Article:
Many of you may find this book review of interest. Moses Maimonides was a medieval philosopher, arguably the most important in Judaism. He wrote a difficult work called The Guide for the Perplexed. The reviewer describes what makes this work so difficult:
Maimonides claims he will allow truth to be glimpsed by his readers, only to have that truth concealed once again. He will address metaphysical secrets not “completely known to anyone among us,” but will follow the methods of the rabbinic Sages who conveyed truths through riddles and parables. Maimonides promises he has chosen his words “with great exactness,” and that even statements which appear out of place have been put there intentionally. He warns that he has scattered indications of his teachings about metaphysics throughout the book, and hence that to understand them, the reader will have to find these hints and connect them. He tells his readers to be prepared for contradictions, some of which he has concealed so that the vulgar will not be aware of them. If this is not your idea of a pleasant reading experience, consider the payoff: the virtuous reader who follows Maimonides’ guidance is promised liberation from perplexity, perfection, and tranquility.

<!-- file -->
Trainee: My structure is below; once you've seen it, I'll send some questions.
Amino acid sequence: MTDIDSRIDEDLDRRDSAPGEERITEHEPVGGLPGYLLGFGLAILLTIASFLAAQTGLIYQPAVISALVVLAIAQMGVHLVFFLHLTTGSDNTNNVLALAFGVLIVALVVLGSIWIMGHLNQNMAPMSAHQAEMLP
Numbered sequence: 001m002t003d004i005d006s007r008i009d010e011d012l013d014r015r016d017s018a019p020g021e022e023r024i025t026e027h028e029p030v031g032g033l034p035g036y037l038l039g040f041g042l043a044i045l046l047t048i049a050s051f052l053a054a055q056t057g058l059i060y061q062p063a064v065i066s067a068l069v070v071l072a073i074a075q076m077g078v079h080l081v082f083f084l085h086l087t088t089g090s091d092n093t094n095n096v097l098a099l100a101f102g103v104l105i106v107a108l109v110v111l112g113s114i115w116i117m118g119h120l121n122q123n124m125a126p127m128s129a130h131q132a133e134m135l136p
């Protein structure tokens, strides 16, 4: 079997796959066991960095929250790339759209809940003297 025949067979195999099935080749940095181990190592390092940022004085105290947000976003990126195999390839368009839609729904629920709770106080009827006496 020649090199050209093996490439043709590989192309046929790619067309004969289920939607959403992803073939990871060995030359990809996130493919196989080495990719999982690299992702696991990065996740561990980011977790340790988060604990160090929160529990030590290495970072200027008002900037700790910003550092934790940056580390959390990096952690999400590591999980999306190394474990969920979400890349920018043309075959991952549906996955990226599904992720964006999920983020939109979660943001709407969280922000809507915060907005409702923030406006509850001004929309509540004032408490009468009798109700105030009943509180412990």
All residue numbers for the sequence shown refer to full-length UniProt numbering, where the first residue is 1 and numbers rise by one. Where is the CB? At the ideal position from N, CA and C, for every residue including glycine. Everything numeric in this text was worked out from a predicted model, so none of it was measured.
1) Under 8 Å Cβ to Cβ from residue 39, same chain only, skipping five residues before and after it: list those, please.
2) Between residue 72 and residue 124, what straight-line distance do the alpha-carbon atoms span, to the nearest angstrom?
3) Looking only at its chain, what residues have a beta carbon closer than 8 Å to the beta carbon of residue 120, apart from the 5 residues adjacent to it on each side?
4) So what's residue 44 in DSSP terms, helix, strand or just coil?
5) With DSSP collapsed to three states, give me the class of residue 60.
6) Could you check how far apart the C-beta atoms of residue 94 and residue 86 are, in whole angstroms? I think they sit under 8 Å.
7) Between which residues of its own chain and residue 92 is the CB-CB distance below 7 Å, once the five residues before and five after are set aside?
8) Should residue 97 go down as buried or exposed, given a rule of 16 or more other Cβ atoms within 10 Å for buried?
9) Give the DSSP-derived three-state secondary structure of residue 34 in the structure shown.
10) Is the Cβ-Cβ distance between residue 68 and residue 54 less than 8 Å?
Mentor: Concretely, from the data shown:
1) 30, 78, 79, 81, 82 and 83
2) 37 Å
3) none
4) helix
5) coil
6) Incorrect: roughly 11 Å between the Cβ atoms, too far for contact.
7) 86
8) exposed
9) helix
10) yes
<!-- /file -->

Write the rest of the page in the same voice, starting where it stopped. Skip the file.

Apparently this new book by Josef Stern argues that Maimonides is not trying to transmit a secret message as much as he is trying to get his readers to engage in reflective practices that will change how they live:
The Guide, Stern suggests, aims to assist his philosophical readers in coming to terms with their embodied state; it introduces parables as the medium best suited to embodied philosophical expression and communication; and it introduces an alternative model of perfection to that of disembodied intellectual perfection, a model which Stern suggests is best understood as close kin to the Pyrrhonist path to ataraxia.
Worth a look.